In fact, other polls indicate that contrary to the result of the Gallup poll Cillizza cited, Americans support the passage of an array of new, stronger firearm sale laws.
Note that this appetite among the public for stronger gun laws includes the support of more than three in five for reinstating the nationwide ban on assault weapons, which expired in 2004. One of the weapons used by the alleged shooter was an AR-15-style semi-automatic rifle, which reportedly may have been banned under that law. Members of the House and Senate have called for bringing back the ban in response to the shooting. They enjoy the support of 62 percent of Americans, including 61 percent of Independents and 49 percent of Republicans, according to a June 2011 Time magazine poll.
From the July 20 edition of Salem Radio Network's The Mike Gallagher Show:
Loading the player ...
Sean Hannity often complains about the supposed "liberal bias" of the mainstream media. He also sometimes fails to notice that his colleagues at Fox News are espousing these supposed "Obama-mania" views.
On his June 18 Fox News show, Hannity hosted Daily Caller reporter Neil Munro to talk about Munro's recent heckling stunt in the Rose Garden. After playing video clips showing Munro shouting questions at President Obama during his immigration policy announcement, Hannity said, "Now, the mainstream Obama-mania media has jumped all over Munro for daring to question the president." Watch:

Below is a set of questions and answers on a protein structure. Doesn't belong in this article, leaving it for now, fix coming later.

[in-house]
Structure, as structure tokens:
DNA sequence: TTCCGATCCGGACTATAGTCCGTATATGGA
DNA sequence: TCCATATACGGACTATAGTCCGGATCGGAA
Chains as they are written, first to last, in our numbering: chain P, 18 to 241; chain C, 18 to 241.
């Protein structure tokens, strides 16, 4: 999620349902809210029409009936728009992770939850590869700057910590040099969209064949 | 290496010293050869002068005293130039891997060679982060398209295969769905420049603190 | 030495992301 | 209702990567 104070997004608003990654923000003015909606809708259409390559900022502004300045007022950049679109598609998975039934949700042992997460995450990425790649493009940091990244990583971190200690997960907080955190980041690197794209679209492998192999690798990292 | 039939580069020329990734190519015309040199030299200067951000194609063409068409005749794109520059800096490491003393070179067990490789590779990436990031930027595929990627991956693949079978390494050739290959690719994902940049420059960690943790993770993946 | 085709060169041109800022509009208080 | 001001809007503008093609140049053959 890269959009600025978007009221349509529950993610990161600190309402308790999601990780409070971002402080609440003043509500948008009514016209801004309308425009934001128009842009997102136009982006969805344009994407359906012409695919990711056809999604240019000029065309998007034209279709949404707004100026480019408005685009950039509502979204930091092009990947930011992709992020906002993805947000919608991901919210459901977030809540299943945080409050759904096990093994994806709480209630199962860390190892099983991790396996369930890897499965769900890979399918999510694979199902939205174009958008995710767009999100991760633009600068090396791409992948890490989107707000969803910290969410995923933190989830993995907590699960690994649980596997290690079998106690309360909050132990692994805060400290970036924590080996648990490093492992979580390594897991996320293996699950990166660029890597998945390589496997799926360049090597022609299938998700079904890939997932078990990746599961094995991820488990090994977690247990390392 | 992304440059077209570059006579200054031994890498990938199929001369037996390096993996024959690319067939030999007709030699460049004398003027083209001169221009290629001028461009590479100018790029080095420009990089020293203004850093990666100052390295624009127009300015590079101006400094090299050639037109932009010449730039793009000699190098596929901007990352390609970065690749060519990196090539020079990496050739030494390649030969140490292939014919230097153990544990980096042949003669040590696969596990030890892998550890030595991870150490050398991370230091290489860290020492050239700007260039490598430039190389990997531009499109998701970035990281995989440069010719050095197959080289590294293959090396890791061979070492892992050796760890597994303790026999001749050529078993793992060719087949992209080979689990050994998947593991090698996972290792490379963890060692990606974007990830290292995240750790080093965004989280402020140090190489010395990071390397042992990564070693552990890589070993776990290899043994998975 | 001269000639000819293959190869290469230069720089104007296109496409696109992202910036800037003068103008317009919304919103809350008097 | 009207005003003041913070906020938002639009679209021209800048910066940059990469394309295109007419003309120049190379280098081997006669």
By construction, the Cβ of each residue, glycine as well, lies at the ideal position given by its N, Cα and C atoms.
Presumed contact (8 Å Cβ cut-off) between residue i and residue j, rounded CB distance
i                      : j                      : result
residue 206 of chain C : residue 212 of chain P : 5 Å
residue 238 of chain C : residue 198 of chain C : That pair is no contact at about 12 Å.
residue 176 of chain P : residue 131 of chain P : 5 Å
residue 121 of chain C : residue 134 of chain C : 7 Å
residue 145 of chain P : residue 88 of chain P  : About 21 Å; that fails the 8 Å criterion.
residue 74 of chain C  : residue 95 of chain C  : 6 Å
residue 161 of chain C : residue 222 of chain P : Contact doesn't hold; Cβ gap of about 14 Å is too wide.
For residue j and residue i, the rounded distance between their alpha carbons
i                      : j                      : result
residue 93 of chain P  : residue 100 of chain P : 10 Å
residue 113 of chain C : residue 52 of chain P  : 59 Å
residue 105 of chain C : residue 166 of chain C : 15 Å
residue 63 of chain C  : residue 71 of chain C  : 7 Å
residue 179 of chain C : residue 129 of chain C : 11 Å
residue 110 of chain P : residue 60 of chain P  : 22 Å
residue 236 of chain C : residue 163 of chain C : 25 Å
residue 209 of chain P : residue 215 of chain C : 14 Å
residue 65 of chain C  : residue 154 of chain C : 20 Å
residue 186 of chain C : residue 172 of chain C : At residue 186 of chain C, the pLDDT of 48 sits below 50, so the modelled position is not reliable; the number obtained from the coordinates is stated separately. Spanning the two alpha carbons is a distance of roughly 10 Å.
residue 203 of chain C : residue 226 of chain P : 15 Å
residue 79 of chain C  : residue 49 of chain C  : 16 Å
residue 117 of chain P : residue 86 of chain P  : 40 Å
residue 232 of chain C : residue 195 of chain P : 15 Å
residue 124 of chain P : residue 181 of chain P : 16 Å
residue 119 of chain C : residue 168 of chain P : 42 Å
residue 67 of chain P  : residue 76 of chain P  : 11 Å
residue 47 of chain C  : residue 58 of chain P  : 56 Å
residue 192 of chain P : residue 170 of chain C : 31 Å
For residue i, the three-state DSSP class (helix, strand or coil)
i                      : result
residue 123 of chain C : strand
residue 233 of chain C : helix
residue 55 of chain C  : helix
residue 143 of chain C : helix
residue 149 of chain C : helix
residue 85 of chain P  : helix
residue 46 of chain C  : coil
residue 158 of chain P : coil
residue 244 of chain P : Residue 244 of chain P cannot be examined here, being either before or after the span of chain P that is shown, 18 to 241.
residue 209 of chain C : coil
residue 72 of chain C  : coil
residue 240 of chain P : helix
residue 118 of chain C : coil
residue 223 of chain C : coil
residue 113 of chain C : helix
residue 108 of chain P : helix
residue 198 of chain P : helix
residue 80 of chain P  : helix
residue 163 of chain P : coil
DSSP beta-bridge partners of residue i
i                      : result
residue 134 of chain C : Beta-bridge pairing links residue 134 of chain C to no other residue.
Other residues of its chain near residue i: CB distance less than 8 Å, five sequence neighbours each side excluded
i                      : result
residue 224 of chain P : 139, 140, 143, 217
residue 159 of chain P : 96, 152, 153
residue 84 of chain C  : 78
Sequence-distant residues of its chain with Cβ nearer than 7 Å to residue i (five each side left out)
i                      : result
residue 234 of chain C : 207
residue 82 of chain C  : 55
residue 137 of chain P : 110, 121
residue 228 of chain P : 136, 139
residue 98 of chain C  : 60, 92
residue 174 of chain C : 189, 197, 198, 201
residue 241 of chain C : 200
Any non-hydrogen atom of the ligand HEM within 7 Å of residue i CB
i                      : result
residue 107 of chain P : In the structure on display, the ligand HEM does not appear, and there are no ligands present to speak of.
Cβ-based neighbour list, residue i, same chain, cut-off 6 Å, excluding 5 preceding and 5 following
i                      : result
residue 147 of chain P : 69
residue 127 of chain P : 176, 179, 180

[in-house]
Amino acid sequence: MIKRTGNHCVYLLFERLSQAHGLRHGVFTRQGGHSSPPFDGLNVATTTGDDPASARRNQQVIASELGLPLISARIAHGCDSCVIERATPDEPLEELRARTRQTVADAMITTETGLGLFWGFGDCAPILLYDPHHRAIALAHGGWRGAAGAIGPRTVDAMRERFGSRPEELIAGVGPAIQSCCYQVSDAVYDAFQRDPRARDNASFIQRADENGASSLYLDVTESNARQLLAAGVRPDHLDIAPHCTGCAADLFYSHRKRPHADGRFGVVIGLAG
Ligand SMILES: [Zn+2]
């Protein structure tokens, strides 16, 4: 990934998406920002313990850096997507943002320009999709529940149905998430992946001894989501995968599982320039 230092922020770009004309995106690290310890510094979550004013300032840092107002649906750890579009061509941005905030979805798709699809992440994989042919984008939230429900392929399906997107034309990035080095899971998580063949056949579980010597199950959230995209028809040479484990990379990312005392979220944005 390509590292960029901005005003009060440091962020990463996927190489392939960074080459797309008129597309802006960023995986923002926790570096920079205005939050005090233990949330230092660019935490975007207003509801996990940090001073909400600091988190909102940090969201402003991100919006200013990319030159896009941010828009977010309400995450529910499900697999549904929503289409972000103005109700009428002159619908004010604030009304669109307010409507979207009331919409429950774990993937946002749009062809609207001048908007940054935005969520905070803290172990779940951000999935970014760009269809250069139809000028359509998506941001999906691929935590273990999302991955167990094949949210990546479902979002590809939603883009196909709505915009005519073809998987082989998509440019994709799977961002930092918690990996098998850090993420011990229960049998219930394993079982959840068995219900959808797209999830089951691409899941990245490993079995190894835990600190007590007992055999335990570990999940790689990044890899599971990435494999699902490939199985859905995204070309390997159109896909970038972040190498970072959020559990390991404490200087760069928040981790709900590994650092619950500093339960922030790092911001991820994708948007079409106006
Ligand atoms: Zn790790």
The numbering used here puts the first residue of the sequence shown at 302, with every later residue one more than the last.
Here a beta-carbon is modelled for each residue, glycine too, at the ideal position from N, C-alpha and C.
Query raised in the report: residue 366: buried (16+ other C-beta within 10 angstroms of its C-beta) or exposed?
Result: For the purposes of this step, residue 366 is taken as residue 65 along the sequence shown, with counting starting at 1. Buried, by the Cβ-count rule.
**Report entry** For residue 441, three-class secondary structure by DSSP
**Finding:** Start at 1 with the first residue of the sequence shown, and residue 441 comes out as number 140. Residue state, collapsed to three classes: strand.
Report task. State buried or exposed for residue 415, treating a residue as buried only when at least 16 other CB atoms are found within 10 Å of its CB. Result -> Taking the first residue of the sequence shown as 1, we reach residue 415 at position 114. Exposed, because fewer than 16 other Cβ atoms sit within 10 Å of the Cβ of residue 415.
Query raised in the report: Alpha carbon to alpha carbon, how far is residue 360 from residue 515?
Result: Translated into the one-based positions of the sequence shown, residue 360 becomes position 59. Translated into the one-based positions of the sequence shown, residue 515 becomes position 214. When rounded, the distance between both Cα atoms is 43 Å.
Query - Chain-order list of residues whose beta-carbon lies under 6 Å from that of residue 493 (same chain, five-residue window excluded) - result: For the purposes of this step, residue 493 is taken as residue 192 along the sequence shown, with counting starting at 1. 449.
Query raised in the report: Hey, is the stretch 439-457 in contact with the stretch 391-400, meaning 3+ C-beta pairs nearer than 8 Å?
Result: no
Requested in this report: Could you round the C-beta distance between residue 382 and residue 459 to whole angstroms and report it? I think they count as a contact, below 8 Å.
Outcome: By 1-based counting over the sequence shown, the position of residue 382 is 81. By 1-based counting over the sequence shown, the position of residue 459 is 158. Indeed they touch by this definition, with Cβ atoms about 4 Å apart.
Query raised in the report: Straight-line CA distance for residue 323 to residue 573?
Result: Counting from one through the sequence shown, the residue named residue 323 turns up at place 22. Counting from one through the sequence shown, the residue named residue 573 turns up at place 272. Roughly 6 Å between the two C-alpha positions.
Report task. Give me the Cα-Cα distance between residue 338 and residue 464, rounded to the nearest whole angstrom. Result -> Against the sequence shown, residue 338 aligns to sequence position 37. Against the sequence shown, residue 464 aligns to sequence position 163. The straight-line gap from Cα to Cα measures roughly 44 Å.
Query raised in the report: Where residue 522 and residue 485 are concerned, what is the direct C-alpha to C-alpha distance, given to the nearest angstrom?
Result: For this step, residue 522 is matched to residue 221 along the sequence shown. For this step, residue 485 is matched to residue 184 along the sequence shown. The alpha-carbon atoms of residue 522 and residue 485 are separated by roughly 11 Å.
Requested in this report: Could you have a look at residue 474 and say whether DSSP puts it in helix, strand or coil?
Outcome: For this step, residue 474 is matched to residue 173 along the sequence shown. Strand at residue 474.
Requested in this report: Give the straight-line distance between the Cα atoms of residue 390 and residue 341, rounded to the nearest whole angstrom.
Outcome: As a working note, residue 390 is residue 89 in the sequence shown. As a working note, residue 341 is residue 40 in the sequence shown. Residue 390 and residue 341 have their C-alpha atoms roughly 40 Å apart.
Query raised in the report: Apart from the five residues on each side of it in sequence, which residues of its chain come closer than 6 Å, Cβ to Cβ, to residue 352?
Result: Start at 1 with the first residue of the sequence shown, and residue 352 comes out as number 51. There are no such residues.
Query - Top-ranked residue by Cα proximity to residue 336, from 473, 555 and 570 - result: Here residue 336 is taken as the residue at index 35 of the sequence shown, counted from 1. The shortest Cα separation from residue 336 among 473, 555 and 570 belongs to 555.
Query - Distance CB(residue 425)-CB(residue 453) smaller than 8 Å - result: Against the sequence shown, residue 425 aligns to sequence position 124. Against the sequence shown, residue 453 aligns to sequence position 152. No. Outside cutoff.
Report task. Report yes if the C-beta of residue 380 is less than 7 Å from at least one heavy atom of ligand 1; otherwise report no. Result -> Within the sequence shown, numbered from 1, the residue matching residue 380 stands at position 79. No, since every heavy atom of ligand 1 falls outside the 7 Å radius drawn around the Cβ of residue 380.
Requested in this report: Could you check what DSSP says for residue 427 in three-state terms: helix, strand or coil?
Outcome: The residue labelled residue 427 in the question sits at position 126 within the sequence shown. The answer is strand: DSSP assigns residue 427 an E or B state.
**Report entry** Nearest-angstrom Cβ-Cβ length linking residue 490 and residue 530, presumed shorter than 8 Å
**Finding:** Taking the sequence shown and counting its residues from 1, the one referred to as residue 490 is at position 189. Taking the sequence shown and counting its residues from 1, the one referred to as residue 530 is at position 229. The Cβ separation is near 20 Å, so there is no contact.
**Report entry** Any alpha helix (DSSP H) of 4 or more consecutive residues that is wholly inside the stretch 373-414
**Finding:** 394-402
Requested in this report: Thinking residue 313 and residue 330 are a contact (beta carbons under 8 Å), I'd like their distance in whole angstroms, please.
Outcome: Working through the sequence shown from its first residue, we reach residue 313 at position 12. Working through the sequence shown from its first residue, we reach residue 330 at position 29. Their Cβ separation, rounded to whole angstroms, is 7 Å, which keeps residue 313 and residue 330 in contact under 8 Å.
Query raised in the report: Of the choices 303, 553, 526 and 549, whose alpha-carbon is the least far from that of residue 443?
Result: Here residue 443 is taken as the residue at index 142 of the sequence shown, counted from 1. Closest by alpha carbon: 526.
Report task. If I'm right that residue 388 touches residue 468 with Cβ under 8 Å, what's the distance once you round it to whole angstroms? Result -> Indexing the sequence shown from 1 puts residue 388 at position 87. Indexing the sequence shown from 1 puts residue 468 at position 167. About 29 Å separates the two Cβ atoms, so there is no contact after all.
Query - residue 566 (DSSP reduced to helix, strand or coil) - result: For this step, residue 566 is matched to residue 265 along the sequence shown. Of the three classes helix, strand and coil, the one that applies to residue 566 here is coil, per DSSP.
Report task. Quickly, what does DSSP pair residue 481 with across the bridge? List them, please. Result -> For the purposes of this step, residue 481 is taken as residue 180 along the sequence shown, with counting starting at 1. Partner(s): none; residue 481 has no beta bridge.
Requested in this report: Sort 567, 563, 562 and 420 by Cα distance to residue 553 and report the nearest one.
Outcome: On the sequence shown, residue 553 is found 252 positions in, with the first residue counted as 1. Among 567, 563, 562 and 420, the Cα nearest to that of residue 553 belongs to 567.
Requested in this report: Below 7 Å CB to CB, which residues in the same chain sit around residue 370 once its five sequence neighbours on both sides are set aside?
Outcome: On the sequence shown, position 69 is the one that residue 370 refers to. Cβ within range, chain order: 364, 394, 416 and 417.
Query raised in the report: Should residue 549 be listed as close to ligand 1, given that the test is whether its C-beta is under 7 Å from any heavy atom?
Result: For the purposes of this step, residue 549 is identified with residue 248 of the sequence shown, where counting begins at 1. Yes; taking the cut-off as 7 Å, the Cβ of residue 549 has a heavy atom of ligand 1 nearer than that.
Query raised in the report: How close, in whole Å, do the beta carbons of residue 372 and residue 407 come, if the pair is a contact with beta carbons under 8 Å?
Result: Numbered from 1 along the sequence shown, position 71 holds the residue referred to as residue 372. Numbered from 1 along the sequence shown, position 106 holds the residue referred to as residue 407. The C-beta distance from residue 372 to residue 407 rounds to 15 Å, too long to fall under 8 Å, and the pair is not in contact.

Yet at least five of Hannity's fellow Fox News employees have "jumped all over Munro" for his behavior in the Rose Garden.
In fact, less than an hour before Hannity's softball interview with Munro, Fox News contributor Bernie Goldberg appeared on The O'Reilly Factor to call Munro "a jerk" and "totally unprofessional."
Today Fox News Sunday host Chris Wallace used the racially-charged word "illegals" to describe the young undocumented immigrants affected by the Department of Homeland Security's recent change in immigration enforcement policy.
Wallace's comment continues Fox News' pattern of peppering reports on the recent immigration policy change with slurs. On June 15, the day Obama announced the change in immigration enforcement policy, the network repeated the racial slur "illegals" fifteen times and used other slurs as well. Indeed, Fox News has habitually smeared undocumented immigrants with these pejorative terms.
Wallace's slur was also echoed by an on-screen graphic that appeared on the show: